In the race to develop asymmetric advantages over potential foes like Russia, China, or Iran, America’s allies can’t afford to wait around while the U.S. military woos Silicon Valley and tries to get up to tech-sector speed. So here’s a proposal: instead of sending exclusively off-the-shelf arms and gear to smaller allies, defense companies should use these markets as test beds for low-cost innovations that might produce disruptive changes relevant to larger markets. The Pentagon can help, by setting up DIUx-style incubators in countries that face similar threats as the U.S.
Large defense contractors excel at sustaining innovation: evolutionary improvement to existing products. The upgrade of 4th-generation fighters with advanced electronics to create 4.5-generation fighters is a great example: F/A-18 Super Hornets and Eurofighter Typhoons offer much improved capabilities over their 4th-gen progenitors, but at a much better price than their 5th-gen competitors.
However, emerging defense industrial players around the globe are using disruptive innovation, often commercially derived, to erase some of the technological advantages that have underpinned the West’s military edge. Look at what is happening with armed UAVs. While American armed drones may be more reliable, Chinese UAVs can cost as little as one-fourth as much, and come with less red tape. This approach to underserved markets has allowed China to export its armed CH-3 and CH-4 UAVs to Pakistan, Nigeria, Iraq, Saudi Arabia, the UAE, and Egypt. And it’s not just aircraft; at a recent Asia market arms show, Chinese companies touted unmanned naval vessels that appear to have many of the autonomous and swarming capabilities sought by the U.S. military as part of the Third Offset. Indeed, Chinese or Russian procurement and exports, not those of the U.S., may be the leading indicators of where disruption will occur.
Other emerging defense industrial players, those in Israel and Korea, export missiles, defense electronics, trainer aircraft, and submarines to southeast Asia, the Middle East, and Latin America. They fulfill the disruptor’s role of serving previously non-consuming customers with lower-cost, good-enough solutions. As foreign technology progresses, it will likely produce products nearly equivalent in quality to American defense goods. These cheap alternatives could even become substitutes, shutting off international markets and economies of scale to a whole range of American defense manufacturers and service providers.
In commercial markets, disruptive innovation is consumer-driven. We do not know what will be disruptive until consumers vote with their pocketbooks. In defense markets, customers also look for better value, but there are only a few dozen militaries to whom Western firms can sell, and each market has its own political and strategic realities. Additionally, there is greater competition from other countries: Western suppliers accounted for 59 percent of all accessible spending in 2015, down from 62 percent in 2010, according to Avascent. Countries faced with urgent threats and more choice from international providers will likely seek out good-enough solutions wherever they can find them.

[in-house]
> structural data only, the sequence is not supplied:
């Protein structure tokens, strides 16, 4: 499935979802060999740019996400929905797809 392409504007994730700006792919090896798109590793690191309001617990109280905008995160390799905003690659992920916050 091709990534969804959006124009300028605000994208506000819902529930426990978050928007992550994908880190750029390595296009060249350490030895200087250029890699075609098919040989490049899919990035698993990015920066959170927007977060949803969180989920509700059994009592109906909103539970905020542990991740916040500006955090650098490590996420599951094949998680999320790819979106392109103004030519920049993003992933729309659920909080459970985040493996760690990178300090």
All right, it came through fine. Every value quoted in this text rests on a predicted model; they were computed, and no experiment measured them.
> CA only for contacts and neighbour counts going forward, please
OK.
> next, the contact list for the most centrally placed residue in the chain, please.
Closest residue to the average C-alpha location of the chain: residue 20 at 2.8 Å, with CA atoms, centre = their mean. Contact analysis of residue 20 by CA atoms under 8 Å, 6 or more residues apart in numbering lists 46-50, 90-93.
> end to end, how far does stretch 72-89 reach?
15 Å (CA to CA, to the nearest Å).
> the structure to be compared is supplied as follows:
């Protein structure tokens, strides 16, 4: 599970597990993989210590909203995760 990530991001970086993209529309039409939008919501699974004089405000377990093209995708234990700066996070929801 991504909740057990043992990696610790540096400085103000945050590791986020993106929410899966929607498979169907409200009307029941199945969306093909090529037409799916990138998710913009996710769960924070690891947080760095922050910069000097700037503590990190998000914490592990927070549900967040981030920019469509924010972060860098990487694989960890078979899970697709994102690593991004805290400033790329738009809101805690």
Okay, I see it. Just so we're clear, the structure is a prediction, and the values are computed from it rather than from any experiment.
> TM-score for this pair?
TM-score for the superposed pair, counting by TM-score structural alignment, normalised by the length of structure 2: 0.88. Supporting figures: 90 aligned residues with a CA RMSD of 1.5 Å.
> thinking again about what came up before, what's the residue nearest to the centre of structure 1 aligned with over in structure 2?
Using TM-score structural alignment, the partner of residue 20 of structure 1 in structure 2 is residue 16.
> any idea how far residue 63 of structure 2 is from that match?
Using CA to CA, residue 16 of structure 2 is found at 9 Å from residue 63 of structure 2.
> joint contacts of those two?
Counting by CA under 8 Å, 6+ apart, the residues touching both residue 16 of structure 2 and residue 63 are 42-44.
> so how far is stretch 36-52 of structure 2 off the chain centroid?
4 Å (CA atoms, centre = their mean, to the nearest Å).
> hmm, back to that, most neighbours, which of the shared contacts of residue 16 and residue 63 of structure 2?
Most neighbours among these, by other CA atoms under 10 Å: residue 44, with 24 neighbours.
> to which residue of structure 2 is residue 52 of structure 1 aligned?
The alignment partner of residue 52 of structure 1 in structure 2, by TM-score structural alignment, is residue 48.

Vietnam and Estonia face similar strategic challenges: each has increasingly assertive neighbors with claims to their territory, and cannot depend on the U.S. to come to their immediate aid in the event of hostilities. With their survival at stake, hopelessly outmatched in conventional capabilities, they are more likely to turn to innovative technologies or operational methods. Allies like these would be very interested in technologies derived from the Defense Department’s “Third Offset Strategy” but simply do not have the budget to purchase gold-plated solutions.
This is exactly why leaders in the Pentagon and large defense firms should engage countries like these where budgets are low but the potential for truly disruptive solutions is high. Instead of viewing these markets as backwaters or places to offload legacy products, these high-threat, low-budget environments could be an untapped source of defense innovation. Once a low-cost asymmetric system is developed, it could be exported to similar countries or improved to sell to better-funded militaries who today face very real budget pressures in a time of dynamic threats. If a system can be proven effective against Russian hackers in Estonia or Chinese subs in the South China Sea, why wouldn’t the U.S. or other allied militaries be interested?
Already, large defense prime contractors are poised to disrupt new market areas by using commercial tech-sector innovation and their deep knowledge of the defense world. As an example, Boeing and General Dynamics are trying to disrupt the naval industry with acquisitions, investments, and partnerships in USVs and UUVs and are already selling their products to foreign militaries. And they can certainly do more in strategic hot spots around the world.
The Pentagon needs to understand where true disruptive innovation is occurring, both geographically and technologically. They need to study allies’ procurement plans and CONOPS, and encourage them to develop asymmetric capabilities through bilateral or multilateral R&D offices abroad. Allies with credible asymmetric deterrents to Russia, China, and Iran improve American security and increases our adversaries’ strategic uncertainty.
Done right, industry-led technological development can help re-invigorate American innovation and improve strategic ties with allies. It’s the right approach in an era where no nation can bet its security on a monopoly on good ideas.